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Feds Under Pressure as US Job Openings Rise

In September, the US unexpectedly saw a rise in job openings, despite low unemployment. This will likely lead to more wage growth and pressure for the Federal Reserve to keep up its aggressive campaign to stop inflation.

The number of open jobs rose from 10.3 million in August to 10.7 million in September, according to the Job Openings and Labor Turnover Survey, or JOLTS, released on Tuesday. However, a Bloomberg economist survey showed that the most common prediction was for the number to drop to about 9.8 million.

This ratio has become more critical as the Fed tries to bring down the high inflation. When there are a lot of jobs but not enough workers, employees have the power to ask for a higher wage, which pushes up inflation.

Last month, there were 1.3 million layoffs, down from a revised 1.5 million in August.

Even though the economy is worsening, there is still a strong demand for workers, as shown by the sudden rise in job openings. Moreover, the persistent imbalance between the number of people looking for work and who can do the work is still driving strong wage growth. This puts pressure on prices everywhere and makes it more likely that the Fed will increase rates again on Wednesday.

The most recent rise in job openings erased a lot of August’s drop, which at the time pointed to a significant drop in job demand.

Economists weigh in on job openings

Nick Bunker, economic research head at Indeed Hiring Lab, said in a note that the report from last month was shocking. However, the September JOLTS data tells us what we already knew: the demand for workers is still strong. Moreover, this report’s necessary measures show that the job market is also vital.

After the news came out, the S&P 500 fell, and the yield on a two-year Treasury rose.

The most significant increases in job openings were in health care, transportation, warehousing, and utilities.

According to Eliza Winger, job openings didn’t go down in September, despite clear signs that the economy was slowing down. So naturally, this made things harder for the Fed, which wants to take some of the heat away from the labor market.

More numbers regarding September jobs

In September, the ratio of job openings to unemployed people went up. There are about 1.9 jobs for every unemployed person, compared to 1.7 in August.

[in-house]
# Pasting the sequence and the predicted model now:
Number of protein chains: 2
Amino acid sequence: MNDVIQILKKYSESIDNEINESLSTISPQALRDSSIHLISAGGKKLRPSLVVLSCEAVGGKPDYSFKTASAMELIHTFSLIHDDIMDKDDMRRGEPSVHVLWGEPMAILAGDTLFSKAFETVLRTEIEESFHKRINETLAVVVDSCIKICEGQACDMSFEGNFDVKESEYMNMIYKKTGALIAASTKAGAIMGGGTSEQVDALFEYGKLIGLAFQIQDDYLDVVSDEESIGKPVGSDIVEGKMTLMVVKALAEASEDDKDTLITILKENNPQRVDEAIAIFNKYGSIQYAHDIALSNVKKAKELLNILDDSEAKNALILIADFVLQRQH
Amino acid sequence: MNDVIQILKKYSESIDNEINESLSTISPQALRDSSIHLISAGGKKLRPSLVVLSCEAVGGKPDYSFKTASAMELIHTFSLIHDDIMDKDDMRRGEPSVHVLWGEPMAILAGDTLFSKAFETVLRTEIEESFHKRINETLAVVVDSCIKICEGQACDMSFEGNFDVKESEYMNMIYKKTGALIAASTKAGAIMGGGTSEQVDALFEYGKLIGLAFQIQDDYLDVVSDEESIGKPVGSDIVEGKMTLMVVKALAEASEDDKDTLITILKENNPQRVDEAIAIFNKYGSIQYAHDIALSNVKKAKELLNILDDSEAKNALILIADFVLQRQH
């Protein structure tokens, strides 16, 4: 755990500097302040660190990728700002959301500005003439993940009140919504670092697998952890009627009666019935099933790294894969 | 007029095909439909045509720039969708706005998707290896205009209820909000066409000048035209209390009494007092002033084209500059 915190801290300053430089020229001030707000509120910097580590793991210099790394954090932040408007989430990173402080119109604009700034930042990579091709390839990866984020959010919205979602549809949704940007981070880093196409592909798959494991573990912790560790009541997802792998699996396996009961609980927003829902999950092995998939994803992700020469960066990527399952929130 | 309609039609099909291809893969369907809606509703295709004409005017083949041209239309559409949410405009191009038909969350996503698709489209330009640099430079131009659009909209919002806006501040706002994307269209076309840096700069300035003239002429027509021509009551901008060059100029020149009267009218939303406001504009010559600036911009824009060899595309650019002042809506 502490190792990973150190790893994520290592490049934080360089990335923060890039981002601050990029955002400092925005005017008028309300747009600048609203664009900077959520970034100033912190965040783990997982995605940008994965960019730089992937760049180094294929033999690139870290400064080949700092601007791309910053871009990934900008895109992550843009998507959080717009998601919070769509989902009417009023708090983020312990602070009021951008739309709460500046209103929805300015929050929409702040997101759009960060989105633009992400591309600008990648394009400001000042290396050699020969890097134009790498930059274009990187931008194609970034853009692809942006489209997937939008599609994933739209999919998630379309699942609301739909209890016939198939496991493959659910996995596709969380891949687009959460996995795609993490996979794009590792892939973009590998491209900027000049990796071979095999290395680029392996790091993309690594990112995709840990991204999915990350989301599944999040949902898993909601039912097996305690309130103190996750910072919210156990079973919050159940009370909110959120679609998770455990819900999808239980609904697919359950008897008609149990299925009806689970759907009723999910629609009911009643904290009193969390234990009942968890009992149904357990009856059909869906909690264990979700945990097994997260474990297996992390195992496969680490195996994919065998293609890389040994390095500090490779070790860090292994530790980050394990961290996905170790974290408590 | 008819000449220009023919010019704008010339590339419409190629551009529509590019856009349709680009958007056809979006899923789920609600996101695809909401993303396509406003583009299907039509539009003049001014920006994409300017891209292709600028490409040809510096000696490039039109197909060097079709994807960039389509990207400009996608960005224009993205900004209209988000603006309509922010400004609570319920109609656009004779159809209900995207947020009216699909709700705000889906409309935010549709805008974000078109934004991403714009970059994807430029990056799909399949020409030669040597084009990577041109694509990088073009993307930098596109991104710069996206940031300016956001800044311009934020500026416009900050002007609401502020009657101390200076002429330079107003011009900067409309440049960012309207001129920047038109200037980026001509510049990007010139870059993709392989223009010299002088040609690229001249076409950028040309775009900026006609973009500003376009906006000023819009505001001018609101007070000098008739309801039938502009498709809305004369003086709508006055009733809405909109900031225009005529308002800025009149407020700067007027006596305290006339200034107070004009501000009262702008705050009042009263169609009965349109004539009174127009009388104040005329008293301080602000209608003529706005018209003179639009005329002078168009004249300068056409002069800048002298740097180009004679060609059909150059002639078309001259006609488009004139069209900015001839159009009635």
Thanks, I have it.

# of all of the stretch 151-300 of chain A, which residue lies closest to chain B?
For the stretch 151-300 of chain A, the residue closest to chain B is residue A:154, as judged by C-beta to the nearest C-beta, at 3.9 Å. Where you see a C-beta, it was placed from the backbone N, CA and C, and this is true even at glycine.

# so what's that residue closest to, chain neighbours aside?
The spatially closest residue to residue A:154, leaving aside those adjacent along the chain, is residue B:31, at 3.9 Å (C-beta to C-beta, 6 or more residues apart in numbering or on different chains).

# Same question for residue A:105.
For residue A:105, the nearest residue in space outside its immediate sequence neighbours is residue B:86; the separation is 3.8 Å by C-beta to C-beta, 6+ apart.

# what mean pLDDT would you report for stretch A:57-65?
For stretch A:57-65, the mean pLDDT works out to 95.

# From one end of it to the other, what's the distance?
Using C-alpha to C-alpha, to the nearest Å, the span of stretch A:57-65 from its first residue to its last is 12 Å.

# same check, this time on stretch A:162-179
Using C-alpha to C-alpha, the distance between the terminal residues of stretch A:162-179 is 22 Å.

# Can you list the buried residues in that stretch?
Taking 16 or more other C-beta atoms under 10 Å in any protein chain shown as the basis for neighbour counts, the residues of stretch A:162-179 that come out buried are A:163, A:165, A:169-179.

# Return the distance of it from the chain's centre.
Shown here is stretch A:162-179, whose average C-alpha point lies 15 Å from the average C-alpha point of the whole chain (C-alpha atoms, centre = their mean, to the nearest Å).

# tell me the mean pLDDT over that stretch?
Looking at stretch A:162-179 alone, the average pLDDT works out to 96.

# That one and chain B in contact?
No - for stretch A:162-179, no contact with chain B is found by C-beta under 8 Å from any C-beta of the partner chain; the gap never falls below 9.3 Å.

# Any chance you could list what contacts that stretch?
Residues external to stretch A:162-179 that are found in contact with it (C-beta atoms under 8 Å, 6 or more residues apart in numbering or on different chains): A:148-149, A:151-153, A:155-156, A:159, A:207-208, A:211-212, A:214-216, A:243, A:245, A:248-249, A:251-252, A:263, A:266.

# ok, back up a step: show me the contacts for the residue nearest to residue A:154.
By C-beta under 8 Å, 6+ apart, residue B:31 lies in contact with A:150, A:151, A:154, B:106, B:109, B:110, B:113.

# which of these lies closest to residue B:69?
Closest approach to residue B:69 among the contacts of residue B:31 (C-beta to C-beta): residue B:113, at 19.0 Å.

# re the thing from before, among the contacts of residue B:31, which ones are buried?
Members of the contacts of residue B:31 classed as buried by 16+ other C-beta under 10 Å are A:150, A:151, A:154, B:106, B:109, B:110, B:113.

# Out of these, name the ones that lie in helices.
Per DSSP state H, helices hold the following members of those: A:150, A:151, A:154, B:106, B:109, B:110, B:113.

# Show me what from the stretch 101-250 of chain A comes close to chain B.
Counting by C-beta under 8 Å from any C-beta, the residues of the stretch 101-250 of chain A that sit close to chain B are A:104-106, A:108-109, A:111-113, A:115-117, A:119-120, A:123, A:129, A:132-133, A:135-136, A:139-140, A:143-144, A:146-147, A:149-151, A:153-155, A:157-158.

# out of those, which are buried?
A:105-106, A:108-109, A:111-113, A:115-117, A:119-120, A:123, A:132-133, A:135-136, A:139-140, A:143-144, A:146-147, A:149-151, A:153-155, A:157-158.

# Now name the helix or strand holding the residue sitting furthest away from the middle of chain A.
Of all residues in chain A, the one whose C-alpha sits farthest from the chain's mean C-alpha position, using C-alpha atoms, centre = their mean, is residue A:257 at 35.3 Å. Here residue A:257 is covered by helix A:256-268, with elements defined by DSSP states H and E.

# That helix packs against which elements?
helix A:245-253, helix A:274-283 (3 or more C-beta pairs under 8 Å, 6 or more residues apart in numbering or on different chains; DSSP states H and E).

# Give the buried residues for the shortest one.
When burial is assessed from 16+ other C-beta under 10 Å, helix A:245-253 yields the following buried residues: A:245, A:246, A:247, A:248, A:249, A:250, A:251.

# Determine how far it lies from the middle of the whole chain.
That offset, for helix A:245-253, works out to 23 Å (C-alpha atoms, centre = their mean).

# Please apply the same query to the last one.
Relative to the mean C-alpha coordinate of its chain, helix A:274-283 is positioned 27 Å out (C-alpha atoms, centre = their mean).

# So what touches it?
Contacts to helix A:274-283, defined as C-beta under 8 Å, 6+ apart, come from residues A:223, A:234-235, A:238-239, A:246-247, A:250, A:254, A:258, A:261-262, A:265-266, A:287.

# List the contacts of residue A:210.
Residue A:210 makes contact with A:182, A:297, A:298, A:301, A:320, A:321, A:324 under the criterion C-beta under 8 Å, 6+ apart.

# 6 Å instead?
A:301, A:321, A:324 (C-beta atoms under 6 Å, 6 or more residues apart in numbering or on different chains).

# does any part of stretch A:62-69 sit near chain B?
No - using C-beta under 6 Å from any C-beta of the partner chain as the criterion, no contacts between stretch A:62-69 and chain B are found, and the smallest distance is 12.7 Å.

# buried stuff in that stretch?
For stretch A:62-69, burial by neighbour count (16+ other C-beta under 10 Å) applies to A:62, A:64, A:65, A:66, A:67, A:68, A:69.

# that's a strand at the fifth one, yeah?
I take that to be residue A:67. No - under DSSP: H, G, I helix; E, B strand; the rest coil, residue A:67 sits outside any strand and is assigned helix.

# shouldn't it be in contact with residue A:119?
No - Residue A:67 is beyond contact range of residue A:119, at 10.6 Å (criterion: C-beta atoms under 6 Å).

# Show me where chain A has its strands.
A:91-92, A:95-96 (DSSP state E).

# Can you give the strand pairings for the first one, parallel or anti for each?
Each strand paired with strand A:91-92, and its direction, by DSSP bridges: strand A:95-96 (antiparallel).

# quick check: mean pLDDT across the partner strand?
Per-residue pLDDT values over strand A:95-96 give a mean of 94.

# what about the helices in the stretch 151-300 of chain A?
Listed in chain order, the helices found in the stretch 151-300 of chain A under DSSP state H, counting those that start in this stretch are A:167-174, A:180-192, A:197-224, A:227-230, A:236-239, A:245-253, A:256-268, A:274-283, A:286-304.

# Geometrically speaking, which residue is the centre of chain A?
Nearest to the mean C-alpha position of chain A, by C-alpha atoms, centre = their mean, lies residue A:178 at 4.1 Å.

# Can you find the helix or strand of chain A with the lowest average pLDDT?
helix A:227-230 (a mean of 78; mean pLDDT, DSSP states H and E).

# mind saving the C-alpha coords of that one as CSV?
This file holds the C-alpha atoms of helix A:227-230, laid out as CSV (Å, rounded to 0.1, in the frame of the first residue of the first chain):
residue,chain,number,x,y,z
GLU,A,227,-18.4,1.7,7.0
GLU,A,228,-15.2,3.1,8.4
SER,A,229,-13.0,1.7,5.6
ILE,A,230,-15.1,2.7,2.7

Fed officials keep a close eye on this ratio. They have pointed to the high number of job vacancies as a reason why the central bank may be able to cool the labor market and, by extension, inflation without causing a rise in unemployment.

About 4.1 million Americans quit their jobs in September, slightly dropping from a month earlier. However, the quits rate, the number of people who voluntarily resigned from their jobs as a share of total employment, stayed at 2.7%.

Hires dropped to about 6.1 million from 6.3 million a month earlier, which suggests that businesses are having trouble filling open positions. Layoffs, meanwhile, went down a little.

The data come before Friday’s monthly jobs report, which is expected to show that US employers added about 190,000 workers to their payrolls in October. Because of this, economists expect the unemployment rate to go up to 3.6% and the average hourly wage to go up again by a solid amount.

A tale of two labor markets

The global pandemic caused more than 20 million jobs to be lost; the recovery slowed by virus outbreaks and health and safety precautions, a rise in early retirements, and the disruption of crucial support industries, which has kept some people from returning to work.

Pollak said that the once-in-a-lifetime event is still causing some unusual things to happen in the labor market.

Also, the latest JOLTS report shows two different kinds of job markets. For example, it says that industries like health care continue to grow. In contrast, rate-sensitive industries like finance and insurance have seen a significant drop in job openings in recent months.